By Brady Huggett

MGI Pharma Inc. sold 4 million shares of its common stock to U.S. Bancorp Piper Jaffray Inc. for about $29.2 million, leaving MGI with 1 million shares on the shelf.

The funds will be used to increase MGI¿s line of cancer products, said Bill Brown, chief financial officer of Minneapolis-based MGI Pharma.

¿We are building a balanced oncology portfolio,¿ he said. ¿Specifically, the programs that will be targeted for these funds are irofulven and our compounds known as acylfulvenes.¿

Brown said the company expects its net loss for the year to be around $35 million to $45 million. Following the sale to Minneapolis-based Piper Jaffray, MGI has about 21 million shares outstanding. It had about $23.9 million in cash and equivalents on March 31.

¿We believe that with the investment and the cash we had on hand prior to this, plus we are in the process of out-licensing irofulven and the acylfulvenes in Europe, we should have enough capital to take us to the end of 2002,¿ Brown said.

The pricing of the shares, Brown said, was set by the parties and, after expenses, resulted in a payment of about $7.30 per share to MGI. The company¿s stock (NASDAQ:MOGN) fell $1.44 Wednesday, or about 14 percent, to close at $8.57.

MGI generated about $7 million in sales revenue in the first quarter, and posted a net loss for the same period of $3.1 million. In 2000¿s first quarter, MGI generated $4.6 million in sales revenue and had a loss of $9.5 million. The increase in sales revenue was mainly due to sales growth of its three marketed products: Salagen Tablets, Hexalen Capsules and Mylocel Tablets.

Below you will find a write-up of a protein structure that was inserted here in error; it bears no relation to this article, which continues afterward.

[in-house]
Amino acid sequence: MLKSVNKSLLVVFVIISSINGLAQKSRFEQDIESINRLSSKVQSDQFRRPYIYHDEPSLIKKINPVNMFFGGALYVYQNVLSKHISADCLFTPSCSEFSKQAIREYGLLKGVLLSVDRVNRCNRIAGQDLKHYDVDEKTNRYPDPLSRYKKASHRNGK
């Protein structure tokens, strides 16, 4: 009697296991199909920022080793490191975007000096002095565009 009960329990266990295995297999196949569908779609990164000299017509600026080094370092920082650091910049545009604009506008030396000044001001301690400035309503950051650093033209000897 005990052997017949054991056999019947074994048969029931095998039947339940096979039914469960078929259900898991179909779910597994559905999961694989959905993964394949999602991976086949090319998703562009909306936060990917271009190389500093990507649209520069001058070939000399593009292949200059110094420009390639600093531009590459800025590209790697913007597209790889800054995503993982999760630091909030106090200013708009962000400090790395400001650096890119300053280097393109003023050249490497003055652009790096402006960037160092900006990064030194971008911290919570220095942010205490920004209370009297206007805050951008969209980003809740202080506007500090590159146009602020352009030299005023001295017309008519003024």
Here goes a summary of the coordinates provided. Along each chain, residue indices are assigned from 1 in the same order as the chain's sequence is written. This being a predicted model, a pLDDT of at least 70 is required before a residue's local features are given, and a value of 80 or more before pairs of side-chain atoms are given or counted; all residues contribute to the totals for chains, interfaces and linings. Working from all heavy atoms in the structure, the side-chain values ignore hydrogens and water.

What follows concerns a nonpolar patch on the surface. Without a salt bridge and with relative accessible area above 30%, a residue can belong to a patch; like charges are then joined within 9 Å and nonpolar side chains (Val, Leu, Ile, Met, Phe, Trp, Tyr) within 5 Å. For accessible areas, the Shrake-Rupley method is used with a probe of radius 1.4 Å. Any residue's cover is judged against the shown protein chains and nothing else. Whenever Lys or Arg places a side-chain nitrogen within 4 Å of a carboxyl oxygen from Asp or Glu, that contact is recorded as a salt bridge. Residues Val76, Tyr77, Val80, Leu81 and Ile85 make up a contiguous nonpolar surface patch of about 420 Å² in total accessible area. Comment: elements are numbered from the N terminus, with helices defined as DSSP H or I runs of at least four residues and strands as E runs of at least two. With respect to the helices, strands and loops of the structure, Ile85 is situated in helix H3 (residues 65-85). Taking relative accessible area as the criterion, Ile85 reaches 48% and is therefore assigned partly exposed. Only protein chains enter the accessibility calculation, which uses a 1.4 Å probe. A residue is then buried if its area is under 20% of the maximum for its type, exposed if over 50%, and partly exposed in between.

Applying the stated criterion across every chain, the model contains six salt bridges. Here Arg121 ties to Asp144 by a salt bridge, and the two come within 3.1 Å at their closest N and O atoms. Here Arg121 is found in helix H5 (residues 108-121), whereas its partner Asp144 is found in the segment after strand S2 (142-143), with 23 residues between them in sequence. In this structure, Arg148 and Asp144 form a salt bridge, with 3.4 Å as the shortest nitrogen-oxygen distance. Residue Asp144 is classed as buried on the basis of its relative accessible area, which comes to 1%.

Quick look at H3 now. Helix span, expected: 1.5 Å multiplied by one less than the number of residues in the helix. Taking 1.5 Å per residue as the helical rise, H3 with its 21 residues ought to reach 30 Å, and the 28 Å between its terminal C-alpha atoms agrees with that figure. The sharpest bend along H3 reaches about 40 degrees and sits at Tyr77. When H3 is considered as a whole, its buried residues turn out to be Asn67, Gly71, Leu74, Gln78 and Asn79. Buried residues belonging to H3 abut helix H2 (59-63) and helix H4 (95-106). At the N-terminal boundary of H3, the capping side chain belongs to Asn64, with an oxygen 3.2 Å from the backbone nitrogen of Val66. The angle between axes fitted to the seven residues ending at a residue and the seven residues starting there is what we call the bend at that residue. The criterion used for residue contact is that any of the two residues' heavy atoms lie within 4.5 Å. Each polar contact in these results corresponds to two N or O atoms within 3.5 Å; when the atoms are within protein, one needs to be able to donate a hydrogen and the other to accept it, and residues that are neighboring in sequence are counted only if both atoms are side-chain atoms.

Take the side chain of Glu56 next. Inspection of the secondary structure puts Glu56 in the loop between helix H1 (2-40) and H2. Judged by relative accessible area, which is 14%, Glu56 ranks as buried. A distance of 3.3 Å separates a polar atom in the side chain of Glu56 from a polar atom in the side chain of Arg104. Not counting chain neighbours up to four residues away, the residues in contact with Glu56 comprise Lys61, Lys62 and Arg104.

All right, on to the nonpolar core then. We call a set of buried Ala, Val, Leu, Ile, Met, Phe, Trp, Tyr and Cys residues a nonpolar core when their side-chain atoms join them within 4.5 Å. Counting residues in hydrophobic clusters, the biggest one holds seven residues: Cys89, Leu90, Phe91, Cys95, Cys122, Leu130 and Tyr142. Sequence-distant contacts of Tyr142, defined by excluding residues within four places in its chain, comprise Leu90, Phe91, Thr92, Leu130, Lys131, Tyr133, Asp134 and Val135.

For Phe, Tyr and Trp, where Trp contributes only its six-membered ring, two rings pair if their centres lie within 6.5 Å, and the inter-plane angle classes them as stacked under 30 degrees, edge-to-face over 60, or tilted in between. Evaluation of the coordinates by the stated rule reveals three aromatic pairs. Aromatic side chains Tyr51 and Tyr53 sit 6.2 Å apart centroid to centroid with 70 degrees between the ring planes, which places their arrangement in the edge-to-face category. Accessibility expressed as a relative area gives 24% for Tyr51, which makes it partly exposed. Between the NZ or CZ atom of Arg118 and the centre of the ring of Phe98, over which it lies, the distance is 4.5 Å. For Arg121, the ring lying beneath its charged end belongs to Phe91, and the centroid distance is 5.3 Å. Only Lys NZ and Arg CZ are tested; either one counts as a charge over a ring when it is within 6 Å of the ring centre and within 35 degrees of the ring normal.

Last month, MGI licensed in palonosetron, a 5-HT3 antagonist, from Helsinn Healthcare SA, of Lugano, Switzerland, for $11 million in up-front payments. The chemotherapy-induced nausea product is in Phase III trials and should complete the trial in 2002. (See BioWorld Today, April 11, 2001.)

In February, MGI initiated a pivotal Phase III trial with irofulven in patients with pancreatic cancer. The trial will pit irofulven against 5-fluorouracil (5-FU), a salvage chemotherapy, and should enroll 300 patients. MGI said it would expect a new drug application based on the results in 2003. (See BioWorld Today, Feb. 8, 2001.)

MGI also has MG98, a second-generation antisense molecule, in Phase II trials. This trio of MG98, palonosetron and irofulven will receive the core of the $29.2 million, Brown said.

¿As part of developing our [oncology] portfolio, these three would be the primary targets for these funds and we are looking at bringing in additional products,¿ he said. ¿Our goal for this year is one additional oncology product.¿

The remaining 1 million shares sit on the shelf, to be taken down when deemed most appropriate, Brown said.

¿We don¿t have any current plans for additional financings, so we will simply be watching the capital markets and the development of our business as for the right time to go into the capital markets,¿ he said.

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